The Independent Pricing and Regulatory Tribunal (IPART) is consulting on its approach to setting benchmark solar feed-in tariffs to reflect changes in supply and demand as solar penetration has increased in NSW.
Electricity retailers in NSW set their own feed-in tariffs, with IPART providing a benchmark range each year as a guide for retailers and solar customers on the likely value of electricity exported to the grid from solar panels.
IPART Chair Dr Peter Boxall said the benchmark reflects the savings retailers are likely to make when they receive electricity generated by solar customers instead of purchasing the equivalent electricity on the National Electricity Market.
“Our benchmark range from 1 July 2018 will need to take account of forecast changes in wholesale prices, which are expected to fall next year,” Dr Boxall said.
“At this stage, the benchmark range is likely to be lower than it is currently. This is because forecast wholesale prices have fallen from an average of around 11 cents to around 8-9 cents per kilowatt hour, which is good news for all electricity consumers.”
Dr Boxall said that for most solar customers, feed-in tariffs have less of an impact on electricity bills than the retail price of electricity, because customers still need to purchase electricity at night or on cloudy days when the sun is not shining.
“We encourage customers to compare offers using the Australian Government’s Energy Made Easy website, and to take into account their electricity consumption and as well as solar exports,” he said.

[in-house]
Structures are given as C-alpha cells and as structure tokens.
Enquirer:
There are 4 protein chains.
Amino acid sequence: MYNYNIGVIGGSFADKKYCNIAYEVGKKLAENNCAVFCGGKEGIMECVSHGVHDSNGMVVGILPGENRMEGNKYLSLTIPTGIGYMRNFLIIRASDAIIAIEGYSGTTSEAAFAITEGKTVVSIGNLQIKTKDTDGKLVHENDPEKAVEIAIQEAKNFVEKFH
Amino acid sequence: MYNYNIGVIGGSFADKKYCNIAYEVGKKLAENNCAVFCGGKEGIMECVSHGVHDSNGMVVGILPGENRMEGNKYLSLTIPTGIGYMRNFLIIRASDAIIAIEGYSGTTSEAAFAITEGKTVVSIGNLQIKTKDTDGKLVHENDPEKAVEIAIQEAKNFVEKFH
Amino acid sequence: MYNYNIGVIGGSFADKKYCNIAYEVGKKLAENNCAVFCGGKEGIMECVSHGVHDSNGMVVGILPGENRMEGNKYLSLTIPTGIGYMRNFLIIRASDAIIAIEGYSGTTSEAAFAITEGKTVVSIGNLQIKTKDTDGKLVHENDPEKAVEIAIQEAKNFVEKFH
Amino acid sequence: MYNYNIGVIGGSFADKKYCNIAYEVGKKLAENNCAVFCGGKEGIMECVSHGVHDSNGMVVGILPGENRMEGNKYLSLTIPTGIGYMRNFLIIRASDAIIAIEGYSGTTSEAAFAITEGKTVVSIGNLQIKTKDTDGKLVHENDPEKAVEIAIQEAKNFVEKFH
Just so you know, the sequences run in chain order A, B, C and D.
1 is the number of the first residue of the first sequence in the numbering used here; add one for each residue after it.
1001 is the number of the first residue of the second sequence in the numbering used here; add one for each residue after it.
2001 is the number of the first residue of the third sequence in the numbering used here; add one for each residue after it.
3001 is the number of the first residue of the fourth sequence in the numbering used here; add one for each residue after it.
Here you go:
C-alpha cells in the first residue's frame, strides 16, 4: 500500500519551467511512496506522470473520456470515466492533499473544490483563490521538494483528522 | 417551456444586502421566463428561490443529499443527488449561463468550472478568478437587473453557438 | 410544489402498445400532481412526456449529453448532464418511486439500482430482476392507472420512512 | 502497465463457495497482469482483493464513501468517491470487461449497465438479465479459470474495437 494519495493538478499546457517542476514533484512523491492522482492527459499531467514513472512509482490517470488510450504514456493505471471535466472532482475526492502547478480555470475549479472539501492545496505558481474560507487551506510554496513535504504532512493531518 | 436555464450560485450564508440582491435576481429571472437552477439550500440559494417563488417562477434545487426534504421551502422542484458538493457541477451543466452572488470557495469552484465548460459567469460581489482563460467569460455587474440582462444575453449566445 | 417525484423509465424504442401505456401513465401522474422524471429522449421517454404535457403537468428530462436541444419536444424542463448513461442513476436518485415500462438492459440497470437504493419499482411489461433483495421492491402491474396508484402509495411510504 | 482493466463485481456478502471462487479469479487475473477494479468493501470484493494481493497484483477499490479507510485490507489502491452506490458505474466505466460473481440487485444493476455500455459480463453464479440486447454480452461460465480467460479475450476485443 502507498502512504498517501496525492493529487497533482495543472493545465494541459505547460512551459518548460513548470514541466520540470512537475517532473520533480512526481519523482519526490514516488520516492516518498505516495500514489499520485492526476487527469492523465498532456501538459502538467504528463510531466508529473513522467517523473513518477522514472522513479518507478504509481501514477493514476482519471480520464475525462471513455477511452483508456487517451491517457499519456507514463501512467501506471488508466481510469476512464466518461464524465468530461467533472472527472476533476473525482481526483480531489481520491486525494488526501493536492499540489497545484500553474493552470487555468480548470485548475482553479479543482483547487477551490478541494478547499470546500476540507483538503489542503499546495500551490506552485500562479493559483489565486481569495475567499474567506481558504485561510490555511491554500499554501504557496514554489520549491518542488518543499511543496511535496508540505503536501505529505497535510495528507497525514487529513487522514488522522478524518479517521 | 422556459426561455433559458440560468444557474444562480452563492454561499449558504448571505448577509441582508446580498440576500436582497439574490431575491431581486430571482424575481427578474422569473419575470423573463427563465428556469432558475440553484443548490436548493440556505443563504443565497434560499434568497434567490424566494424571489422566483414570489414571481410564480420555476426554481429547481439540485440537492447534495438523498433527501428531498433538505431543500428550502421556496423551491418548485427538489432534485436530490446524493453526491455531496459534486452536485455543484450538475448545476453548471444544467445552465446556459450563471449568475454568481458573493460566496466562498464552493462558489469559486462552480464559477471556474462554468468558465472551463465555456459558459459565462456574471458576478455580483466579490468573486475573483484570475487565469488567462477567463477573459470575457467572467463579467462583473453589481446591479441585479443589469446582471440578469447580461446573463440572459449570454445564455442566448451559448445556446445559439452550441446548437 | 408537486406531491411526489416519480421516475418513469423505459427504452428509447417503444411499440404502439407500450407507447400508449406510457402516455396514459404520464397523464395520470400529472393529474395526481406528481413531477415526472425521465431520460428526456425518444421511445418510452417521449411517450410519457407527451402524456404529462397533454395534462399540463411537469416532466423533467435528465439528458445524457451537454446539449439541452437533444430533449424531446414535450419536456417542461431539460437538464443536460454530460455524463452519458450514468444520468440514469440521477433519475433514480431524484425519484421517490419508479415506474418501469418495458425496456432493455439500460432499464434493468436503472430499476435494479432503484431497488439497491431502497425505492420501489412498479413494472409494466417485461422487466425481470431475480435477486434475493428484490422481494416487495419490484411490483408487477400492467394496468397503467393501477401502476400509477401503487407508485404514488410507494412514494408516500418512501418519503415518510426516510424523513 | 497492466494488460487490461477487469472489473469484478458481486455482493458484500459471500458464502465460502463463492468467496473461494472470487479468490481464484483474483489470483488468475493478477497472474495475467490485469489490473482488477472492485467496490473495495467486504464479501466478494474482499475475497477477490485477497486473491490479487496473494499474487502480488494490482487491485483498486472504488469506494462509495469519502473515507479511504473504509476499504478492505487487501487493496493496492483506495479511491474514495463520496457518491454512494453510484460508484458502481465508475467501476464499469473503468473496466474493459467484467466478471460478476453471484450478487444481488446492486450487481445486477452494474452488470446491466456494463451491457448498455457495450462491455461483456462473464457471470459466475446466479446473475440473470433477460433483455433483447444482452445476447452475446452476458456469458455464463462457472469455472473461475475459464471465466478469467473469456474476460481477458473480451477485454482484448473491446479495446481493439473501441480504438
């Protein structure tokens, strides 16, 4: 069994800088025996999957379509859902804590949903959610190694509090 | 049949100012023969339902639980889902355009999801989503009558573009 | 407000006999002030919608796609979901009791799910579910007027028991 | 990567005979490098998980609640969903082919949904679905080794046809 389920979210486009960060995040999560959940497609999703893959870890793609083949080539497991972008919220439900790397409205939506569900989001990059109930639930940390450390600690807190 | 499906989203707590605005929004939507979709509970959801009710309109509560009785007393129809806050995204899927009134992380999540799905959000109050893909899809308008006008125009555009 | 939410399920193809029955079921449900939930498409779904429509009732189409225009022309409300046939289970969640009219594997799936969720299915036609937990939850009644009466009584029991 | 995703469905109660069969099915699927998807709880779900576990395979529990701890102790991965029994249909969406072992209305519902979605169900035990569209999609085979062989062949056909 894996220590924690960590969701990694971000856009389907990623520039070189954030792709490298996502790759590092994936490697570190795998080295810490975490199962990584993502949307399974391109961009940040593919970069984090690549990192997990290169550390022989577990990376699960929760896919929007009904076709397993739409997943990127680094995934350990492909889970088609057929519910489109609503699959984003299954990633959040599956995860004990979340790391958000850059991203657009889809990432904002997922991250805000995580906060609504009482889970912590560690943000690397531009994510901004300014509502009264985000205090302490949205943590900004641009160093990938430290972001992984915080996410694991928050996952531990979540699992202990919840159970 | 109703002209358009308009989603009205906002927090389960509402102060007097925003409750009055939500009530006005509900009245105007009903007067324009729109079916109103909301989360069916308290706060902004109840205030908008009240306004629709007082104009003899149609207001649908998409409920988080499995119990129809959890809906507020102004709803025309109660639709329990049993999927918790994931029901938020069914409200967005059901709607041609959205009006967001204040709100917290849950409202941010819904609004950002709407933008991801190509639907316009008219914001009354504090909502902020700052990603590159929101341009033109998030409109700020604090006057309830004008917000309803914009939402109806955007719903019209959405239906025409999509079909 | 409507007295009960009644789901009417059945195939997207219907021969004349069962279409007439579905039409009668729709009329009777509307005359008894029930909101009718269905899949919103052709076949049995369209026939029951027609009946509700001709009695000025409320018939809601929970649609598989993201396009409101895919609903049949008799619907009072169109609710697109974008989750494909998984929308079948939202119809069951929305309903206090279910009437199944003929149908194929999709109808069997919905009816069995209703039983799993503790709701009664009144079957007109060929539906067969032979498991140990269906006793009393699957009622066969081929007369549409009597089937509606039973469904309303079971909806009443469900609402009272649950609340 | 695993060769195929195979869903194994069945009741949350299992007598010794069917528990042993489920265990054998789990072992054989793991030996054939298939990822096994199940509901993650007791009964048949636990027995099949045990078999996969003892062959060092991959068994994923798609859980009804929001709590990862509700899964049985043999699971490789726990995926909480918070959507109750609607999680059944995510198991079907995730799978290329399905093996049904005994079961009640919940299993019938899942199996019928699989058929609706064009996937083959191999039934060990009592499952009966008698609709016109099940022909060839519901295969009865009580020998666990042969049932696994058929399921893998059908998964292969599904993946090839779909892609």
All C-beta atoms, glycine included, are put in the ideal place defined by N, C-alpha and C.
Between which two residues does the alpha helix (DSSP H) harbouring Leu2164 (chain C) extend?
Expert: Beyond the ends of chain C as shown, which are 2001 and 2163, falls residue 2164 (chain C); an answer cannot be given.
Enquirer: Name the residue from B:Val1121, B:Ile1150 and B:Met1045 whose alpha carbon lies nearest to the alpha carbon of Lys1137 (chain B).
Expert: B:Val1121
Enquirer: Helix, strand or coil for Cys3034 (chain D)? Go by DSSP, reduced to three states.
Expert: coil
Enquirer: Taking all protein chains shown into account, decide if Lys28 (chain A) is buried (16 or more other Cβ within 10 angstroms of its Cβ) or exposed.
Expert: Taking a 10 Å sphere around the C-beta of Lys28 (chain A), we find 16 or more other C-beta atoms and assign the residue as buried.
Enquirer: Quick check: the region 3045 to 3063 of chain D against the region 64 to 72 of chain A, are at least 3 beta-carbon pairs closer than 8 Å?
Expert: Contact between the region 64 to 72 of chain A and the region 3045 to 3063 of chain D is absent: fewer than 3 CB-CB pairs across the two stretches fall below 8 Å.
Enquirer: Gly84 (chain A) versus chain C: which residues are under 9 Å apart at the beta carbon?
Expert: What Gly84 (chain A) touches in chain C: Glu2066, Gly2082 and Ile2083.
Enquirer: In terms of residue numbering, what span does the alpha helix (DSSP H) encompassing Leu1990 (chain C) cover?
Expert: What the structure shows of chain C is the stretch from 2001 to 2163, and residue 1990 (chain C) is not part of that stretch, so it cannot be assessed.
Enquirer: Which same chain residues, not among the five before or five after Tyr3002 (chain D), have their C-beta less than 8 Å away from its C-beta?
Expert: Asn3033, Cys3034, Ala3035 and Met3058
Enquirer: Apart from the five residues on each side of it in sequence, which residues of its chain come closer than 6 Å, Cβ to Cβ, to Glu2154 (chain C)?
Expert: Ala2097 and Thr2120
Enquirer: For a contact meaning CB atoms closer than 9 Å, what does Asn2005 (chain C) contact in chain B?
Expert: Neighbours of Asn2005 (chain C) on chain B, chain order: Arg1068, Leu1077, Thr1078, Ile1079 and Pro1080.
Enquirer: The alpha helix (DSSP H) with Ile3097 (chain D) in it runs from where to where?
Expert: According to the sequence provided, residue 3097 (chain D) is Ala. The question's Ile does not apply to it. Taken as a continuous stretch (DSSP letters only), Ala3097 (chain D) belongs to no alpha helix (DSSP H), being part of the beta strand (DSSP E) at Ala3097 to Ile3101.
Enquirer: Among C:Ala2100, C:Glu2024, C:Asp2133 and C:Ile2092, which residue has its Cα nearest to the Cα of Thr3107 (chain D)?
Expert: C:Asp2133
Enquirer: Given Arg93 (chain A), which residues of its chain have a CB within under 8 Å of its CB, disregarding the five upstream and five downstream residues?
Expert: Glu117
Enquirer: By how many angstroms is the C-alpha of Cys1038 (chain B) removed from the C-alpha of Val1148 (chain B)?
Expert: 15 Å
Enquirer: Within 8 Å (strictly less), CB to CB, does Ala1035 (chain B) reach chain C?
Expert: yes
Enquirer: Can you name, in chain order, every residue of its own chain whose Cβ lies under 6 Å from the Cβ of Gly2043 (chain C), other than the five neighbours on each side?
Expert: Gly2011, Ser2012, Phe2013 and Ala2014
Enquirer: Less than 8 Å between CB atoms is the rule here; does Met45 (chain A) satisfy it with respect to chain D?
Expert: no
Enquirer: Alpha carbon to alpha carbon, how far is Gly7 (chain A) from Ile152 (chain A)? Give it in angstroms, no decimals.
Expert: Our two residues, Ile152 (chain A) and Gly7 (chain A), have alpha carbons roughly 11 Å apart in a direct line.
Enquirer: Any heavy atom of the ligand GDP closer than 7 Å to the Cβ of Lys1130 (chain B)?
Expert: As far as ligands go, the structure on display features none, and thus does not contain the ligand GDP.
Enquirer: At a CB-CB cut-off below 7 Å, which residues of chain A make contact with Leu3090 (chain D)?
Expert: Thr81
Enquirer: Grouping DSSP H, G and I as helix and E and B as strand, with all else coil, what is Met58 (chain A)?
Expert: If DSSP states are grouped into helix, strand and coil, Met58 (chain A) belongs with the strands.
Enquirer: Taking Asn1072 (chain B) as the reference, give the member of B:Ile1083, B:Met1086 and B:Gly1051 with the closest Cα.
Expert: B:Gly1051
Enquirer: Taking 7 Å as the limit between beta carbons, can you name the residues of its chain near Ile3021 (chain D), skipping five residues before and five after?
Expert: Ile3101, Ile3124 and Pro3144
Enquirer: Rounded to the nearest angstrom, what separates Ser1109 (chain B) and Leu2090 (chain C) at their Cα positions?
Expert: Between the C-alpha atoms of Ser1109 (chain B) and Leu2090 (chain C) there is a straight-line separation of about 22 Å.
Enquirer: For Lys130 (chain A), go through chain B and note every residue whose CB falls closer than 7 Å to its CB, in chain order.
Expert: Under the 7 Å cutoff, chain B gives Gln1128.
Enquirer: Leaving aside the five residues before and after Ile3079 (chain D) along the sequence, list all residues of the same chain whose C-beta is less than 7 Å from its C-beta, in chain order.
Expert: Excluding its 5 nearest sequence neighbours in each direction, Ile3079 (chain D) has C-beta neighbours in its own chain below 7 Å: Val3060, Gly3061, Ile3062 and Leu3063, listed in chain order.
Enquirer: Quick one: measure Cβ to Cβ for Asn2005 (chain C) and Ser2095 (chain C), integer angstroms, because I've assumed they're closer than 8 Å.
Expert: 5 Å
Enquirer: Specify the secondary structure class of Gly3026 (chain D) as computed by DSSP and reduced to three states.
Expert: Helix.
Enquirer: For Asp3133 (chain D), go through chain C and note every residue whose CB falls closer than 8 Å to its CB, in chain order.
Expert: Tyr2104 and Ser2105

Dr Boxall said even though the value of electricity changes at different times of the day, NSW retailers are not currently offering time-of-export pricing with different feed-in tariffs for peak and off-peak times.
“Around 10% of NSW households and small businesses now have solar panels which is shifting peak prices later in the day,” Dr Boxall said. “The expected increase in batteries is likely to lead to further changes to the times of day energy is being exported to the grid.
“We need to consider how these changes affect solar feed-in-tariffs, and what feed-in tariff could be paid to those able to supply electricity to the grid at times of higher demand.”
Key issues under consideration in the IPART review include:
– Which historical data should be used to help forecast benchmark prices
– Options for setting the benchmark range to capture the time of day that solar is exported
The Issues Paper is available from IPART’s website. Submissions close on 16 April 2018.
IPART will release a draft report in early May, and will hold a public hearing on 15 May 2018. A Final Report is due to the NSW Government by 30 June 2018. —
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